Specifically, in the supplies and furniture categories, which collectively account for 80 -- approximately 80% of our overall sales, we generated a combined 1.3% higher gross profit during the second half of 2019 despite having 6.1% lower revenue. This is due to a strong overall 210 basis point gross margin improvement in these areas.

In short, we delivered operationally for our customers in 2019. We successfully implemented a more effective approach to pricing and bids, and we were able to exit the fiscal year with stronger customer relationships that enable us to start 2020 with new growth opportunities across most of our major product categories.

Our second priority is to continue our focus on cost containment and operational process excellence. As we pursue new growth opportunities, driving operating leverage in our fixed and variable cost is imperative, particularly related to transportation and labor. Our efforts to control transportation costs, optimize labor staffing and improve operational efficiency continue to take hold in a positive way as evidenced by the favorable decline in SG&A expense.

Total SG&A costs were down $4.2 million or 1.9% for the year. When excluding the impact of noncash expenses, SG&A associated with the custom agendas business and all onetime restructuring related costs, all other SG&A expense was down $9.5 million or 5.1% year-over-year.

Our third priority, which is a function of the first 2, is to build top line revenue momentum, which will result in strong bottom line profitability improvement. As we move into 2020, 3 factors were combining to deliver our strongest start in 5 years: one, exceptional peak season operating performance; two, effective customer engagement; and three, a smarter, more strategic approach to pricing and bids.

Through March 14, which represents the first 11 weeks of the fiscal year, our bookings were up nearly 10% overall, and we were experiencing solid gross margin improvement. Importantly, we are experiencing strength across substantially all product categories, including science curriculum.

Unfortunately, the COVID-19 pandemic brought an abrupt halt to this momentum as schools across the country began to close during the second half of March. As Ryan will comment further on COVID-19 and the implications for our business, I will conclude by touching on the fourth business priority, which we have been discussing throughout 2019.

The entire School Specialty team is highly focused on generating sustainable free cash flow. More specifically, while we did not achieve the EBITDA improvements targeted for 2019, working capital normalized as expected. This, coupled with efficient and prudent capital spending, led to a $20.5 million improvement in free cash flow. Despite a $2.2 million increase in cash interest and a $9.3 million increase in onetime restructuring related costs, leverage free cash flow was modestly positive in 2019.

Now that I've discussed 2019 from a strategic standpoint, I'd like to turn the call over to our COO, Ryan Bohr, to discuss the COVID-19 impact in more detail and our efforts to address the challenges associated with our capital structure. Ryan?

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Ryan M. Bohr, School Specialty, Inc. - Executive VP & COO [4]

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Thank you. As Mike noted, we were experiencing considerable momentum in our business prior to the impact of COVID-19. Total bookings were up 9.9% through March 14 with strength in supplies, up 5%; furniture, up 22%; and science curriculum, up 23%. Further, the supplies and furniture standard gross margins were up 100 and 120 basis points, respectively, year-to-date.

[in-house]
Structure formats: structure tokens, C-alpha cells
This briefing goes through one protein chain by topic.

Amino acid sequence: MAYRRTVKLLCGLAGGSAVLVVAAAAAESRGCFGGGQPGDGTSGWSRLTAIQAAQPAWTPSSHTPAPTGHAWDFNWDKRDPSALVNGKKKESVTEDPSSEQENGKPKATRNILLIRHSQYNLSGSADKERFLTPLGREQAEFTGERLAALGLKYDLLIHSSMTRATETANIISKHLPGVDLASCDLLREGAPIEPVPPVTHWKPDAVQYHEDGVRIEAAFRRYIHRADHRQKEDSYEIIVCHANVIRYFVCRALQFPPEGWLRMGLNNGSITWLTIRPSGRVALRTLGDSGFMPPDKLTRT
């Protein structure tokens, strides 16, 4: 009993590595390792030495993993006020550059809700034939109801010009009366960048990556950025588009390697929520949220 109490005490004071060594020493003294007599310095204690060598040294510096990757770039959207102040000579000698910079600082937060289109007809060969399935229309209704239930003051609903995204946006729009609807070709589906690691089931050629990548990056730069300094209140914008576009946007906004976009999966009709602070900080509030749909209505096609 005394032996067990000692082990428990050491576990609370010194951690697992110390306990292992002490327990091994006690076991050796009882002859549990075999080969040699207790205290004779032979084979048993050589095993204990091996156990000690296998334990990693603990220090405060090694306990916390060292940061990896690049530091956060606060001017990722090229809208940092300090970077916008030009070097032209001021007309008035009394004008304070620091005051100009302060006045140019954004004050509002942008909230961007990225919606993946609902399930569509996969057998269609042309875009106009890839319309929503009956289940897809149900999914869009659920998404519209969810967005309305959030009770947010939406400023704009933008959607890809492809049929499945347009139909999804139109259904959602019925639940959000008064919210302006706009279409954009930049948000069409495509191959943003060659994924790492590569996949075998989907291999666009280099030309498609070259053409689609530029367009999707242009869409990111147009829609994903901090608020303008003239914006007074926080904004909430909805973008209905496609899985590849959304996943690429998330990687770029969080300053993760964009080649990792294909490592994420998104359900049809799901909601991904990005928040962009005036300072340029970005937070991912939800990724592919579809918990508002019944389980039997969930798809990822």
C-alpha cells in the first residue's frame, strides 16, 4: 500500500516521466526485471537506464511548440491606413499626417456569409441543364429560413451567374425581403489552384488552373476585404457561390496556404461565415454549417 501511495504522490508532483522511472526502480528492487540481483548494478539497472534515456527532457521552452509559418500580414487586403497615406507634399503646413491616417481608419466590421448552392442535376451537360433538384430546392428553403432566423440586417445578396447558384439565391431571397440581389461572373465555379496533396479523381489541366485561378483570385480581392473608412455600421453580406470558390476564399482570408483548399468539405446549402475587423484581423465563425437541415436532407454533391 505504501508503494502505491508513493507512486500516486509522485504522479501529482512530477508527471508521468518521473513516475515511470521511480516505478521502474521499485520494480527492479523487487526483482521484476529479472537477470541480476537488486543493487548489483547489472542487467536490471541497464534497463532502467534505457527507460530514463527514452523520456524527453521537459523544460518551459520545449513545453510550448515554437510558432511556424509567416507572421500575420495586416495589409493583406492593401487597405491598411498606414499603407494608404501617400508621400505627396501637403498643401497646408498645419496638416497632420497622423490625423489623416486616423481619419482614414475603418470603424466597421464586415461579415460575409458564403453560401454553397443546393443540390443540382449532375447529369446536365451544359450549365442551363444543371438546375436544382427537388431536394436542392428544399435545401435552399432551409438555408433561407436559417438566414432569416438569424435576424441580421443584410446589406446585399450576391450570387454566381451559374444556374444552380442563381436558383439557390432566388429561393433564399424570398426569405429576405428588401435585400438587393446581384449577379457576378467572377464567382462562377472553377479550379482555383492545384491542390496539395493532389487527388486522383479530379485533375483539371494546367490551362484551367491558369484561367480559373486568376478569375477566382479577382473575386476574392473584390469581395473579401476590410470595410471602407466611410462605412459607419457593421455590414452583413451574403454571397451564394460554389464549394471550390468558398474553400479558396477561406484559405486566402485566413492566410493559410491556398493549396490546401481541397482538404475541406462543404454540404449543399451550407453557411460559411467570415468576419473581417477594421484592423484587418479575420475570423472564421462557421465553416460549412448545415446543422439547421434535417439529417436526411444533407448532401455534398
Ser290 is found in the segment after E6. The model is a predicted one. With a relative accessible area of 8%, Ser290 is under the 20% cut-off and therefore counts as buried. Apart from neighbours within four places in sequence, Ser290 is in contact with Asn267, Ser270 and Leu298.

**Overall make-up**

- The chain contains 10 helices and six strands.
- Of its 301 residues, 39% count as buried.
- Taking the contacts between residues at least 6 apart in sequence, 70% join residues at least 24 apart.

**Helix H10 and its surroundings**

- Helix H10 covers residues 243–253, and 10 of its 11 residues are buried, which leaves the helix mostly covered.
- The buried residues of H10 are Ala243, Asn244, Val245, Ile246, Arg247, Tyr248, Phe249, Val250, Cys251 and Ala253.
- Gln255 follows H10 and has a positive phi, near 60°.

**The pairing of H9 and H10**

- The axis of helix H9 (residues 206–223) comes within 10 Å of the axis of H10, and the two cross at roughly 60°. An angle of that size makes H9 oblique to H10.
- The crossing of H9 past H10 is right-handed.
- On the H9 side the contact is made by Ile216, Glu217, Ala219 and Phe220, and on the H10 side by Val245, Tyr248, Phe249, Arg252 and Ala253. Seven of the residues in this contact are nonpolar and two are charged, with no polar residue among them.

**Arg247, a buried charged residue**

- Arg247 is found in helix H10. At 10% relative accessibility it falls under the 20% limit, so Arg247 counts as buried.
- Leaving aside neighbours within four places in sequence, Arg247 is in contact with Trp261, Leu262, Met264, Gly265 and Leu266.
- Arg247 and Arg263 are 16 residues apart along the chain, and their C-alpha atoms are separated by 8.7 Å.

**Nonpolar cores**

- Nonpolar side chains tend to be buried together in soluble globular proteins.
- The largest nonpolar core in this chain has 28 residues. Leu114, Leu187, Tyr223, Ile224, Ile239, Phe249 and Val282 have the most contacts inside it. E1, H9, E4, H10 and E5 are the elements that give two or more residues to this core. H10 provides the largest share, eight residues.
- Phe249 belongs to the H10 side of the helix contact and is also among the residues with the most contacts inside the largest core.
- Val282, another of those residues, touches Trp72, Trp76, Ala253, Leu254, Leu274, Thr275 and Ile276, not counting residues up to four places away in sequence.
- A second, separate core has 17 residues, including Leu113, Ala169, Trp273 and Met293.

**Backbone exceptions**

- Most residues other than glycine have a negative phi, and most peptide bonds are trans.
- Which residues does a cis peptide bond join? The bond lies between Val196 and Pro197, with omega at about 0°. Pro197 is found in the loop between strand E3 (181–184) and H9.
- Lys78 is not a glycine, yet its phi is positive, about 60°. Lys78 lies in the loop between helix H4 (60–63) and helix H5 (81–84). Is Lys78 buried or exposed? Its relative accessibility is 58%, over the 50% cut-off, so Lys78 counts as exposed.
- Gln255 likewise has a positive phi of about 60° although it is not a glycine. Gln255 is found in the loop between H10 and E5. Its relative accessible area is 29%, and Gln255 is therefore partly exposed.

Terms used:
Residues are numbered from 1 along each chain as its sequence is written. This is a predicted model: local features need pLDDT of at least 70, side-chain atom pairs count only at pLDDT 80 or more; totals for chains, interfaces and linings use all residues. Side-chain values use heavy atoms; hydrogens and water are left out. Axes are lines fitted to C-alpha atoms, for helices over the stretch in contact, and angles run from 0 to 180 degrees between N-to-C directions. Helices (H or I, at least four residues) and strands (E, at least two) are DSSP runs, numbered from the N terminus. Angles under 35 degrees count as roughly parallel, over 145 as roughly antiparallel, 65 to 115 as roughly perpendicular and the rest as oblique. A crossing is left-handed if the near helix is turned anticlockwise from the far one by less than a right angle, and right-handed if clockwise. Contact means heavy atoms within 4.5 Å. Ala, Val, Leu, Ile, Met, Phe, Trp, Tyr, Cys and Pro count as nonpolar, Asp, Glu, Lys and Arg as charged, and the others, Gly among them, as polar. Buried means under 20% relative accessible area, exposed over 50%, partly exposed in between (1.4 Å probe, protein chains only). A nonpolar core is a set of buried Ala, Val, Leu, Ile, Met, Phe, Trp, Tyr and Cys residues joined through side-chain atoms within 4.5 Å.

We reference these pre-COVID-19 trends because they point to the strong position we have with our customers and in the market more generally. That strength will serve as the foundation for a recovery as the education market shifts its focus to the 2020-2021 school year and business activity increases.

Since the week ended March 15, we have seen a 60% to 80% pullback in orders from prior year levels, depending on the product category. This is a developing situation, and it is far too premature to estimate the full year impact, but we are seeing signs that districts continue to move forward with plans and purchases for the upcoming school year.

We expect the school closures will result in a onetime loss of revenue in the consumable facility and classroom supplies areas. However, we expect a lower level of permanent lost revenue opportunities in the furniture and curriculum areas as a meaningful level of purchasing decisions and deliveries scheduled in current periods are expected to be deferred and ultimately recovered in subsequent periods.

In response to COVID-19, we have taken a number of steps to safeguard the well-being of our employees while remaining operational as an essential business to service the needs of educators, which includes supporting their at-home learning efforts. After initially taking the basic steps to practice social distancing, including limiting travel, employee meetings and events, we quickly pivoted and transitioned substantially all nonfulfillment center employees to effective remote working arrangements. As mentioned, our core fulfillment centers remain operational as an essential infrastructure or business within the states they operate. We have significantly enhanced our cleaning protocols and implemented measures to enable social distancing within the facility.

We have scaled back staffing levels in our fulfillment centers and customer care and reduced hours for our inside sales team to align with the current level of business activity. We are confident we can ramp up capacity in these areas as customer activity increases.